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John Lennox Kincaid Jamieson (1826-1883)
1884 Obituary 
JOHN LENNOX KINCAID JAMIESON was born on 27th March 1826, at Milton of Campsie, near Glasgow, his father being a miller.
In 1844 he was apprenticed to engineering at the Canal Basin Foundry in Glasgow, and remained there until 1850.
He then went as manager to Messrs. Thomas Grendon and Co., Drogheda Iron Works, Drogheda, till 1852; and afterwards to the Railway Foundry, Leeds, till 1854.
Next he went for about twelve months as third-class assistant on board the "Majestic" in the Royal Navy, and was appointed to the second class in March 1855; he served in the Baltic under Sir Charles Napier, and was at the bombardment of Bomersund, where he received a medal.
In 1856 he became superintendent engineer of the Pacific Steam Navigation Co., in charge of their repairing establishment on the island of Taboga in the bay of Panama. During the ten years that he occupied this position he was intimately connected with the practical working and development of the compound marine engine; the earliest of these engines supplied to the Pacific fleet by Messrs. Randolph Elder and Co., of Glasgow, were of the four-cylinder diagonal type, but were succeeded by two- cylinder engines with intermediate steam-receiver.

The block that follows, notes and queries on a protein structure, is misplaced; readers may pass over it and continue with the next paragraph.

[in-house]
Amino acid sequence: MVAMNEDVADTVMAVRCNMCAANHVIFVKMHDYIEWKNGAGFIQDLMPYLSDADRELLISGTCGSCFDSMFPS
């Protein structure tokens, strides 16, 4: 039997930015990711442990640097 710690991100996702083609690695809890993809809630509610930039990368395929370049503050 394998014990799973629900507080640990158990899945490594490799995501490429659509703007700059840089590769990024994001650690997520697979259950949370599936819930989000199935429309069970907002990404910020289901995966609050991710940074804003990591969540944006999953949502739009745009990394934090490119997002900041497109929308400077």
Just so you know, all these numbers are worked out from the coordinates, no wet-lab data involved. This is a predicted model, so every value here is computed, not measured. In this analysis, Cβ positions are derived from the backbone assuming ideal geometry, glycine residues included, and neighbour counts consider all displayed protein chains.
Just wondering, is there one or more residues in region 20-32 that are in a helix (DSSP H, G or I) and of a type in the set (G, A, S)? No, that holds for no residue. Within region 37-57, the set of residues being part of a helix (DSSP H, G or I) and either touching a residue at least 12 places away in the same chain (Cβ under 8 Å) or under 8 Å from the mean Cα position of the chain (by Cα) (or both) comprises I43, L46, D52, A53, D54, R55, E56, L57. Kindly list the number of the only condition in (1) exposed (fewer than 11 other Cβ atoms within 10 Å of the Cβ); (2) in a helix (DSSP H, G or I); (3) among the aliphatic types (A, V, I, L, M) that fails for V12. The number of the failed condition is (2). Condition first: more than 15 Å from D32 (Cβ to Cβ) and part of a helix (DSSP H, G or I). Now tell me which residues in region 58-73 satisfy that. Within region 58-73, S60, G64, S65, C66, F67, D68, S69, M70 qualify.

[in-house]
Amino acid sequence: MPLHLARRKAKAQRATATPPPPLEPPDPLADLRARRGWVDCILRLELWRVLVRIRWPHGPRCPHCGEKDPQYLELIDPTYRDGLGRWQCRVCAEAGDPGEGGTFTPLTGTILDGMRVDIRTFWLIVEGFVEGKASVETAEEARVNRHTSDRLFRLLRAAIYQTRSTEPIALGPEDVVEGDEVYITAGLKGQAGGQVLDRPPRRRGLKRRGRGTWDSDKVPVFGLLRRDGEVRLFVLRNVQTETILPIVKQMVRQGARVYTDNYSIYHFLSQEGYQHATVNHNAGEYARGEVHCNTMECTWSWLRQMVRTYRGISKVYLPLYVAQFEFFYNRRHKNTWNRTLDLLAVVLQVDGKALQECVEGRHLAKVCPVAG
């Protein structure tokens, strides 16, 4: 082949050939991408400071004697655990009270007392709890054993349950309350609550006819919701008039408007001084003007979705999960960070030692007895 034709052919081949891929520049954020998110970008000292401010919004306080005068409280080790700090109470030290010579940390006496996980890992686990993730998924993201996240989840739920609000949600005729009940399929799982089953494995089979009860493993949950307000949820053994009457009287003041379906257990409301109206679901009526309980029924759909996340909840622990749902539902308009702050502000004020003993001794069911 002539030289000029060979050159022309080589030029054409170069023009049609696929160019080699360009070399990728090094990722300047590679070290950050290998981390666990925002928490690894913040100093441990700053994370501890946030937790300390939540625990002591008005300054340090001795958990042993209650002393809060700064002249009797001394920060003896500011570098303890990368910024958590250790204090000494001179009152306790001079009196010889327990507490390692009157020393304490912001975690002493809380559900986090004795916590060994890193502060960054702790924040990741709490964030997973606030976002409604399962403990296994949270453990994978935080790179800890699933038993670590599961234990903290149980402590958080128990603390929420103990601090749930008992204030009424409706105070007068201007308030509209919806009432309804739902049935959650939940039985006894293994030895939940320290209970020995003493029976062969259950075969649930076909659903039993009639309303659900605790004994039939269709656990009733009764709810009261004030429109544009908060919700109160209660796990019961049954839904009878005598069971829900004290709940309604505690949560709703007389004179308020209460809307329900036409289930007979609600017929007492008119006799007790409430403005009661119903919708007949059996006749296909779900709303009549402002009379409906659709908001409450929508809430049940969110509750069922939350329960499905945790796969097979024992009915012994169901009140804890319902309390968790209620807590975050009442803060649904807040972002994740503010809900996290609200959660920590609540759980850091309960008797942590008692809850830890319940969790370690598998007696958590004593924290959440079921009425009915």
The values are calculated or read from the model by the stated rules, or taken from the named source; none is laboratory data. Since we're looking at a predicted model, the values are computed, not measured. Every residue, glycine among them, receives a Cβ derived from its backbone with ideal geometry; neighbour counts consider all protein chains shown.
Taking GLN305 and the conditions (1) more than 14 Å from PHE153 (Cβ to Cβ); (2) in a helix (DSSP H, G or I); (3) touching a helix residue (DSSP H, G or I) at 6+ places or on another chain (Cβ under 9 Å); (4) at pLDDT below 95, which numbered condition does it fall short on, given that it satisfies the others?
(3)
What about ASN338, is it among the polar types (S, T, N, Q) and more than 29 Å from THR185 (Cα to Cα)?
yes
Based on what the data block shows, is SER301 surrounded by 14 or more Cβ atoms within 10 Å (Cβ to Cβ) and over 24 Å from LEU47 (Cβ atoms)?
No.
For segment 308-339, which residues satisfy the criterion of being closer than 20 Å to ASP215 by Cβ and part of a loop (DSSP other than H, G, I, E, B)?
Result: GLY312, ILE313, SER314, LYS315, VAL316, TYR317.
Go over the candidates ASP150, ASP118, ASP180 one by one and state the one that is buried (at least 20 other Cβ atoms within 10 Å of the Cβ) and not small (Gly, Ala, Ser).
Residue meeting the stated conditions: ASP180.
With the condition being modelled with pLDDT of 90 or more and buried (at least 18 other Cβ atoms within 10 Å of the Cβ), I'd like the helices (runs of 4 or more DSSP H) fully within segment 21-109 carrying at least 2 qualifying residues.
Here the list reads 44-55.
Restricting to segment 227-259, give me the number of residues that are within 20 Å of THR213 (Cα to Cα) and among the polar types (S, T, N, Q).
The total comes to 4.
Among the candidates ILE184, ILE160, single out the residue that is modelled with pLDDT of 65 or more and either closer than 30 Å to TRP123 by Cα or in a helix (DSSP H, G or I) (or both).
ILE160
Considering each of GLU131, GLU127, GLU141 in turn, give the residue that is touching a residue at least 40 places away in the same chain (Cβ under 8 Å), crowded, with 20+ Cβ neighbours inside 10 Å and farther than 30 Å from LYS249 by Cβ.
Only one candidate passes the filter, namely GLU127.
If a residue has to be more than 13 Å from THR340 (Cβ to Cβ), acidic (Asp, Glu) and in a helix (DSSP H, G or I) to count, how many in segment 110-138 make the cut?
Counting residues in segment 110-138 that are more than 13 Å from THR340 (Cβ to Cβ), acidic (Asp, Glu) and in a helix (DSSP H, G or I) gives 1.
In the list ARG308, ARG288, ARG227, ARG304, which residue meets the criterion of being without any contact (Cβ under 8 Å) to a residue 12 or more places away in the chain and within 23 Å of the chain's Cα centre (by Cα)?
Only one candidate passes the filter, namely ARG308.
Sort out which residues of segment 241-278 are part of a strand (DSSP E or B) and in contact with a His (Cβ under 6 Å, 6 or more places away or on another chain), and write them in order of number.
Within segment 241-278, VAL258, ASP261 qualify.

Returning home in 1866, be shortly afterwards became general engineering manager to Messrs. Randolph Elder and Co.; and on the reconstitution of the firm in 1870 be became a partner.
In 1872 the three-cylinder compound marine engine was introduced by his firm into the steamers "Iberia" and "Liguria," which they built for the Pacific line.
In the beginning of 1879 he retired from the firm; and occupied himself actively in much prominent public work, until his death on 2nd July 1883, at the age of fifty-seven.
He became a Member of the Institution in 1870.